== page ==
(And while we’re at it, I’m fully aware that the important bit isn’t the rules, it’s that we all have fun, and we can ignore rules if they don’t fit. It’s just that it’s a fucking shoddy excuse for writing bad rules, is all. If I wanted to ignore rules I could just tell a story with my friends and leave the dice at home; a game should fit together beautifully and each rule should act in service of all the others, not function as some dirty little grab-bag of ideas. Especially if it’s in hardback.

My favourite thing about this passage is how I've read it four times and still can't understand it

My favourite thing about this passage is how I’ve read it four times and still can’t understand it

In fact, no, you’re getting a rant. You’re getting a full rant. This isn’t some backwater unplaytested clusterfuck of a thing. This isn’t some sideshow attraction like FATAL, or a product that is essentially satire akin to Hackmaster. This is the fifth fucking edition of a wildly popular title. This game has been in circulation longer than a lot of my readers have been alive.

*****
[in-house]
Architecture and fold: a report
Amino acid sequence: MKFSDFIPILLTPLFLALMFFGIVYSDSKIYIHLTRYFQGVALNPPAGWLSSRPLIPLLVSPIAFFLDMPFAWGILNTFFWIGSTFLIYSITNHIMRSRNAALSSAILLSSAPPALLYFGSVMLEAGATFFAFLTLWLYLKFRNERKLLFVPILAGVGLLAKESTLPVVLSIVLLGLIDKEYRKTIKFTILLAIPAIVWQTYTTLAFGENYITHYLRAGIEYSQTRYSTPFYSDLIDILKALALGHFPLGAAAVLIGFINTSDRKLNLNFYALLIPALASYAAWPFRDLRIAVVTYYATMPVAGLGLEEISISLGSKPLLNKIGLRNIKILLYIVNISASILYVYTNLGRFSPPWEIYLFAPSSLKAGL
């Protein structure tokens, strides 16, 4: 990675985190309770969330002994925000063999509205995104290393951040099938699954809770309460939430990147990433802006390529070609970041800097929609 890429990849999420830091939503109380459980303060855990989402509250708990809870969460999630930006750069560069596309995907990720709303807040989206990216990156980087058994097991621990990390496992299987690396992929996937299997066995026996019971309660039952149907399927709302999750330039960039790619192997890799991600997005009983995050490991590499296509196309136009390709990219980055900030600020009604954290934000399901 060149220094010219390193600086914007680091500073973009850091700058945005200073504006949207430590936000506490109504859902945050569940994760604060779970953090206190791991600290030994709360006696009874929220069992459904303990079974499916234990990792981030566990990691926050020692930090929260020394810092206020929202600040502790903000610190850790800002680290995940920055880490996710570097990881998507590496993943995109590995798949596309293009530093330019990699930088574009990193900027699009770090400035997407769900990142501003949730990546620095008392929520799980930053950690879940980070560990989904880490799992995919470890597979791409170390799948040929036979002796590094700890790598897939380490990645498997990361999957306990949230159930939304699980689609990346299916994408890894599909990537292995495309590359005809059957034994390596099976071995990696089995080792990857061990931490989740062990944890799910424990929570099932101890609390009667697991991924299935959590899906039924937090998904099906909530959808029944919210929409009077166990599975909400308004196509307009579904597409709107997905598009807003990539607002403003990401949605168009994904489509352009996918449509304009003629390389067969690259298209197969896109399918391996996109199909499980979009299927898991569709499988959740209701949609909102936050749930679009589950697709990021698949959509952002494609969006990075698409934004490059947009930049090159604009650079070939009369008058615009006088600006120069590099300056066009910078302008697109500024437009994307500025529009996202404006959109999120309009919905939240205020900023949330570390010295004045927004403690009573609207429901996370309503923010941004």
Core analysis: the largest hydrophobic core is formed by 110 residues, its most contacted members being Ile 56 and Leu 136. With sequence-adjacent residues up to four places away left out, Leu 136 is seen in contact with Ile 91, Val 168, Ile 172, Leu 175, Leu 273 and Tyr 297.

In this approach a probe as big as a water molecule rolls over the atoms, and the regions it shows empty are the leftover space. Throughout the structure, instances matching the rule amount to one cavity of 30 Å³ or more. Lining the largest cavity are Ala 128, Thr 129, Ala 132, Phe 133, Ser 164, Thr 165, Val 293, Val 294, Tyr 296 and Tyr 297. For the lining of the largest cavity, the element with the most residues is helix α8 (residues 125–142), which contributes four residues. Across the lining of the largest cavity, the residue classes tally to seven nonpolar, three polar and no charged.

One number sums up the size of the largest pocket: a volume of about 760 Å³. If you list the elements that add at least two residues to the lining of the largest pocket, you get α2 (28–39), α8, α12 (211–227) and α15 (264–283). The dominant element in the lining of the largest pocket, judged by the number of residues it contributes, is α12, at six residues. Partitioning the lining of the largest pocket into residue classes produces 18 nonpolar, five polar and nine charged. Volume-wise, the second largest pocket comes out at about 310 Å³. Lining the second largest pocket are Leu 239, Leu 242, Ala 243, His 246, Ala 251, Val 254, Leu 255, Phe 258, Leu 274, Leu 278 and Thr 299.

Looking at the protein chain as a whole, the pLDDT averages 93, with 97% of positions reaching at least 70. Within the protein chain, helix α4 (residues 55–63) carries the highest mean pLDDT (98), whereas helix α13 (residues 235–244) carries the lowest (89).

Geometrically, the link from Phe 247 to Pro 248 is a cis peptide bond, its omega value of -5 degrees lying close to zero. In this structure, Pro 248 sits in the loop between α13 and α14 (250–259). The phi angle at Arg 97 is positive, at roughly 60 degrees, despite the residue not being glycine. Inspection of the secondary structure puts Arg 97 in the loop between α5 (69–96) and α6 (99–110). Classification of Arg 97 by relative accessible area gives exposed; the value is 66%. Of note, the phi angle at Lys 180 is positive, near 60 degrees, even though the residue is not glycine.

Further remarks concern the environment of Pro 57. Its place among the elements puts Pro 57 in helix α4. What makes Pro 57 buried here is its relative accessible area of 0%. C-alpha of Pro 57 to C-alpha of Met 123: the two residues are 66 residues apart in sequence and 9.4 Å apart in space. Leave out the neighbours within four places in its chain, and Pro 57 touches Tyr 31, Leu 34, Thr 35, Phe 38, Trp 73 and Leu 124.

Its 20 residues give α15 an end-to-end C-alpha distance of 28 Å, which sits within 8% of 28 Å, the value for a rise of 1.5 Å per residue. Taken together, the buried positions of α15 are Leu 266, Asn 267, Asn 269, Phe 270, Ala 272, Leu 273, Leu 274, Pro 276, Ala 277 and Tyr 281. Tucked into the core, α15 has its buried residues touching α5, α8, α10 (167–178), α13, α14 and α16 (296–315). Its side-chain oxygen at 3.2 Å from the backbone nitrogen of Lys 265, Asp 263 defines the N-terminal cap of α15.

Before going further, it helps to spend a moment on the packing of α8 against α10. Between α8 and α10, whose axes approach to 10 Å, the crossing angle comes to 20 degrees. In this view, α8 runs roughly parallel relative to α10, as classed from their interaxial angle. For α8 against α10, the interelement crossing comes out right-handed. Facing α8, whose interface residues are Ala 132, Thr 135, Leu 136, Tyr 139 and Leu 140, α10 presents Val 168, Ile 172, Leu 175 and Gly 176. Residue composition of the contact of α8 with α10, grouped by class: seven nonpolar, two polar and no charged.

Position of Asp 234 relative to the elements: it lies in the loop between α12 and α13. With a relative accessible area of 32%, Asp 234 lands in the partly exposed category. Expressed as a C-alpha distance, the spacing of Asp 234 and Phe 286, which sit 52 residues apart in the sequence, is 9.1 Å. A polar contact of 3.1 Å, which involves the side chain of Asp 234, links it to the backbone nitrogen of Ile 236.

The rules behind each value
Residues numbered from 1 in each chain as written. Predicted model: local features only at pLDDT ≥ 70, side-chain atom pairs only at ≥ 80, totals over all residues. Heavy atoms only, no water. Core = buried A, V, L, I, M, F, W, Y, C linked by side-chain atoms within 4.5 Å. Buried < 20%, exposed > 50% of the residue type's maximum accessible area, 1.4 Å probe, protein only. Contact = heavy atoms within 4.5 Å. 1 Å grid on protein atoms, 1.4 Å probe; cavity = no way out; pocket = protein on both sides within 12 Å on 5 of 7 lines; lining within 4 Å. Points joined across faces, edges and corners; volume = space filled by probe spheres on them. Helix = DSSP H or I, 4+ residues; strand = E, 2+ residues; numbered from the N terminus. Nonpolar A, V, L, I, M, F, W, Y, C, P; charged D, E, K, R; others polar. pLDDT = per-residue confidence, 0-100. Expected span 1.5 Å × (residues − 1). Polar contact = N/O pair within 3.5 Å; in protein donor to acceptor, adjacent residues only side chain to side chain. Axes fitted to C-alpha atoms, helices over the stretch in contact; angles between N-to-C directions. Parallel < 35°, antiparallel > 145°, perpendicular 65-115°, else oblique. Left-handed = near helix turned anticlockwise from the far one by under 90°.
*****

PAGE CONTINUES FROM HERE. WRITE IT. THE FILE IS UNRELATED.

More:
This isn’t some PDF we’ve found on the arse-end of the internet. This is a product, a piece of game-design, and it deserves to be viewed under a critical lens. If I didn’t like one character in a film, could I mute all their dialogue and still experience the film as intended? Probably not! And yet we still see these massive, bloated games where every rule is inherently optional. It’s bad design. Don’t give me things I can cut away and not detract from the experience. If I can remove a rule from the game and not change much, that’s something you should have done yourselves.)


Next up: maths. Maths are the bane of pacing. I can dig that Shadowrun is explicitly designed as a sort of puzzlebox. Your team of cyber-badasses is given a difficult mission to undertake, and through clever application of their talents, equipment and capabilities they can overcome the difficulties posed to them and get paid. Mechanically, it’s not that different from a classic dungeoncrawl.

However, these are the rules for working out whether explosion damage is reflected off walls: